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Pros:

  • Light, small and very portable
  • Weather resistant and tough
  • For its size, an exceptional range of view and pretty sharp imaging

Cons:

  • Performs poorly in low-light conditions
  • Eyepiece covers fit awkwardly
  • Diopter setting can change in use because of no locking junctions
  • IPD and eye relief suffer a bit from the size of these binocs

If you want to identify a teel from a widgeon across 150 yards of pond or the spikes of a buck from the same distance, these budget binoculars of less than $100 will do the job, with some Nikon-style sleekness, resilience and portability infused.

For handiness, this 8218 Trailblazer is tough to beat with its thrifty 25 mm of objectives and a frame of just over 4 inches long and 5 inches wide. A Bak4 roof prism, multi-coated lenses, a smooth, quick center focus wheel, a 1,000 ft. range—coupled with a 342 ft. FOV—makes a hunter wonder how Nikon packed such dynamics into such a small package.

Nikon uses the same methods other binocs use on their economic models: nitrogen-filled nooks and cavities with well-sealed O-rings at junctions. It all adds up to fog and moisture prevention for a clear view afield, no matter the weather.

As the old axiom goes, you get what you pay for: The 8218 Trailblazer fails to account for pre-dawn, post-dusk or deep canopy viewing. Its light transmission is much reduced from the mid-range and upper-range models cited here. Even heavy cloud cover leaves a noticeable absence of brightness and subsequent detail.

This is basically the result of being compact, including the smaller objectves: Not enough glass surface area to do the job. However, the Trailblazer’s price, lightness, nifty size, field of range and view, relative toughness and suitability for less-than-challenging hunting environments fits the right hunter perfectly well.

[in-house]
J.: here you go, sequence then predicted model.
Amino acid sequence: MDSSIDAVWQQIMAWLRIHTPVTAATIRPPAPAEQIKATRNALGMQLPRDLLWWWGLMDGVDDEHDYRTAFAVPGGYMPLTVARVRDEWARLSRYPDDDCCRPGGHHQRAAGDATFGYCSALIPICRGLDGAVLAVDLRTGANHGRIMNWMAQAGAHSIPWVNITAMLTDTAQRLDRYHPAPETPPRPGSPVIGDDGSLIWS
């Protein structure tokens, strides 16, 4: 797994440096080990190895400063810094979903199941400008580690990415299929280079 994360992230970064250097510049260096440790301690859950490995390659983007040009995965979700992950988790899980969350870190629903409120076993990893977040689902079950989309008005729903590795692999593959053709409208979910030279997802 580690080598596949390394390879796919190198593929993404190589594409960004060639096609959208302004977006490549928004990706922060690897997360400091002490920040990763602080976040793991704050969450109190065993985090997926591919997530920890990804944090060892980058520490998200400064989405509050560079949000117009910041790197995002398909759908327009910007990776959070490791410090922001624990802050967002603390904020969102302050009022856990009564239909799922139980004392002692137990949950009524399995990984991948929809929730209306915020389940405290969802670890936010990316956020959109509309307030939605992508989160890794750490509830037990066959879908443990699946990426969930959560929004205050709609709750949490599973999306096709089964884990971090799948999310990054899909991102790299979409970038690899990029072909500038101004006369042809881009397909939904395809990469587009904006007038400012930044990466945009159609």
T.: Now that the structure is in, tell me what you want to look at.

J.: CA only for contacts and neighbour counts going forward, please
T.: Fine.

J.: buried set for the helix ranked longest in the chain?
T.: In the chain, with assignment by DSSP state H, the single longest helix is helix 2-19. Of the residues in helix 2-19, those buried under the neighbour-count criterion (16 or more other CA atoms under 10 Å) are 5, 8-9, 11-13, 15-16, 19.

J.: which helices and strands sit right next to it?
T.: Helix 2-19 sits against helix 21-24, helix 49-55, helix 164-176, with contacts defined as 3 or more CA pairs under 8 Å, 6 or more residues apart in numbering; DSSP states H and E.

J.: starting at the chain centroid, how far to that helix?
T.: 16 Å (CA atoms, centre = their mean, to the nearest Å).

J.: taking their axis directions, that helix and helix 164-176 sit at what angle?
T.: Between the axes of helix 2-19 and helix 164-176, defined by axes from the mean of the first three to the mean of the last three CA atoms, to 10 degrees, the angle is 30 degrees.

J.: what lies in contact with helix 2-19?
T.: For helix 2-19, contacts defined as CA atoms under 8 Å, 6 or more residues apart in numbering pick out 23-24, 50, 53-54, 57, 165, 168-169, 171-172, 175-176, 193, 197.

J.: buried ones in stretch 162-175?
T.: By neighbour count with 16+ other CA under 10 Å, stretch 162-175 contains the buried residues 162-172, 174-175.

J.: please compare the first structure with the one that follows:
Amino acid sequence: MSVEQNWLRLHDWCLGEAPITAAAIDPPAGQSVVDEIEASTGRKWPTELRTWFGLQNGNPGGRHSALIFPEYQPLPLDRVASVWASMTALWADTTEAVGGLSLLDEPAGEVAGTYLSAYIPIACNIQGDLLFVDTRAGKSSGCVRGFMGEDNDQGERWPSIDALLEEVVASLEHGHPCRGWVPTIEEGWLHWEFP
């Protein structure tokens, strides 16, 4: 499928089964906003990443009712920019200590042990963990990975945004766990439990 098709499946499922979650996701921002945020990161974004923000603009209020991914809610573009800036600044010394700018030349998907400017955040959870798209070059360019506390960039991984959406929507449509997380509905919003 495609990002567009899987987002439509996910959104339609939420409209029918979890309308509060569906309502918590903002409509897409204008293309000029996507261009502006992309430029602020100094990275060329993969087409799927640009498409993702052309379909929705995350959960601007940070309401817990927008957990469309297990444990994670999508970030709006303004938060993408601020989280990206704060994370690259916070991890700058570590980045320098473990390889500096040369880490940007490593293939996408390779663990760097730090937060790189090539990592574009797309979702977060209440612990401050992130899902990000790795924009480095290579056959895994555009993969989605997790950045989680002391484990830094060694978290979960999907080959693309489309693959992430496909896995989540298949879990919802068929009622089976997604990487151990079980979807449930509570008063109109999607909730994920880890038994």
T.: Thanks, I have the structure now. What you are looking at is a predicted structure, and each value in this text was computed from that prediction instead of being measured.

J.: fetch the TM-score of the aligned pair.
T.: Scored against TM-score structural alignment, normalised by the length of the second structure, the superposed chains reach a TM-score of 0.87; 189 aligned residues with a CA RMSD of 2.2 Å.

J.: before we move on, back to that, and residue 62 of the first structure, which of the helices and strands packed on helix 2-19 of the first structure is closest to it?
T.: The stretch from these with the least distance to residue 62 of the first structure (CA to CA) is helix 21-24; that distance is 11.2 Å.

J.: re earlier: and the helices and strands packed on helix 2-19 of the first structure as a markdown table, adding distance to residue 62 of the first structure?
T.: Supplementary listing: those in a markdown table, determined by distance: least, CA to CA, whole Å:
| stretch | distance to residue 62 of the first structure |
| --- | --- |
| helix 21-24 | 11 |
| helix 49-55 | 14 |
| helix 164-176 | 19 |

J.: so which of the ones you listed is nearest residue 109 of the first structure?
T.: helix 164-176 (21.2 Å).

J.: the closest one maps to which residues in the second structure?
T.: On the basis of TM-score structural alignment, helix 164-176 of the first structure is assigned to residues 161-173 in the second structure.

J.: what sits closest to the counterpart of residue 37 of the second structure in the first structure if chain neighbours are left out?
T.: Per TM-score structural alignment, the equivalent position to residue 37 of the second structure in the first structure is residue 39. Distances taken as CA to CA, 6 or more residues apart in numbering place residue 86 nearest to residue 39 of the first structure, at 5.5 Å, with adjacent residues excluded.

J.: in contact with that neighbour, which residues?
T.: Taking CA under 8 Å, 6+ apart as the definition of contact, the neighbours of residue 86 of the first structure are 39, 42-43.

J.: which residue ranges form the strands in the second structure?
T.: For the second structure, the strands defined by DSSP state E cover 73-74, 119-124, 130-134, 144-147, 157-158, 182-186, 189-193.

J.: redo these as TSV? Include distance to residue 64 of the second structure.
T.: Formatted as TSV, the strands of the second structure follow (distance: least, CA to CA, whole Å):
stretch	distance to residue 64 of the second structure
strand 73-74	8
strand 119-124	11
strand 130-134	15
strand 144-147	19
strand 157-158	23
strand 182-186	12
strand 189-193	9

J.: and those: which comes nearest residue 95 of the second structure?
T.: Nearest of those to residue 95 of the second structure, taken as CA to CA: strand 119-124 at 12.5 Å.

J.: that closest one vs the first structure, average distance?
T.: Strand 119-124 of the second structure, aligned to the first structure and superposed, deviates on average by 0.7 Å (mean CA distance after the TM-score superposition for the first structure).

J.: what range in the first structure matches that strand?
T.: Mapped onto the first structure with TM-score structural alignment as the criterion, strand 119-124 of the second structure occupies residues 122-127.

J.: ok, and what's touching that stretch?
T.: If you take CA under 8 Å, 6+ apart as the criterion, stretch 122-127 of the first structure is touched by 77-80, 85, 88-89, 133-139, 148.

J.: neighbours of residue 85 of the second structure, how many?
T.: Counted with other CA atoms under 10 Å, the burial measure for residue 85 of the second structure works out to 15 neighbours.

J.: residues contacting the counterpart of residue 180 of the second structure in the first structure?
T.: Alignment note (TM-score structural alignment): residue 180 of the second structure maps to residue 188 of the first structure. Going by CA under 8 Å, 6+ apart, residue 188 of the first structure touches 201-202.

Best Rangefinder Binoculars

Sometimes you need more than what one of our binocular picks offer. You need exact distance to your target to make sure your kill is a clean one. You need to sight and identify that antelope or elk from 800 yards or more to avoid the mistake of crunching a branch beneath your boot or inadvertently kicking a rock to give your prey the warning to run.

You desire all the logistics—including exact distances up and down slopes—to conduct an ethical, successful hunt. Such is the work of a laser-assisted rangefinder. Fortunately, today’s technology offers rangefinders in a binocular format so that you are not carrying the traditional heavy rangefinder along with your binocs. When traversing miles of priarie or high country, your feet and legs will be appreciative of this two-in-one sighting device.

Our experts selected the following two as the best for your dollar, which is important because a rangefinder binocular, on average, will noticeably extend your hunting budget.

Swarovski EL Rangefinder 10×42

Our Rating:

Swarovski EL Rangefinder 10x42

Weight: Hair under 2 lbs. | Field of View: 330 ft./1,000 yd.

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Pros:

  • The finest in sharp, bright, accurate imaging
  • Well appointed settings and aim readings
  • Light and relatively compact for its genre

Cons:

  • Because its built-in distance readout system is based on meters, the yard option—enabled by auxiliary software equipped in the unit—does not read certain measurements down to the yard when distance falls between 10-yard increments (best learn your metrics and stay with the meter option)
  • The laser activation button location proves a bit awkward for those who must carry their rifle or bow in the left hand for shooting purposes

When talking about precision, angles, sight distance and field of view in general, it is no surprise that Swarovskis rise above the pool of most other brands as one of our preferred rangefinder binos.

However, the price for these beauties is not for the light-hearted hunter. For many, the purchase of a Swarovski EL Rangefinder can equate to a month’s salary. What you receive is an extra-bright, crystal-clear image in a durable, relatively light and long-distance game tracker that weighs a thrifty 32 oz. and measures 4×6 inches.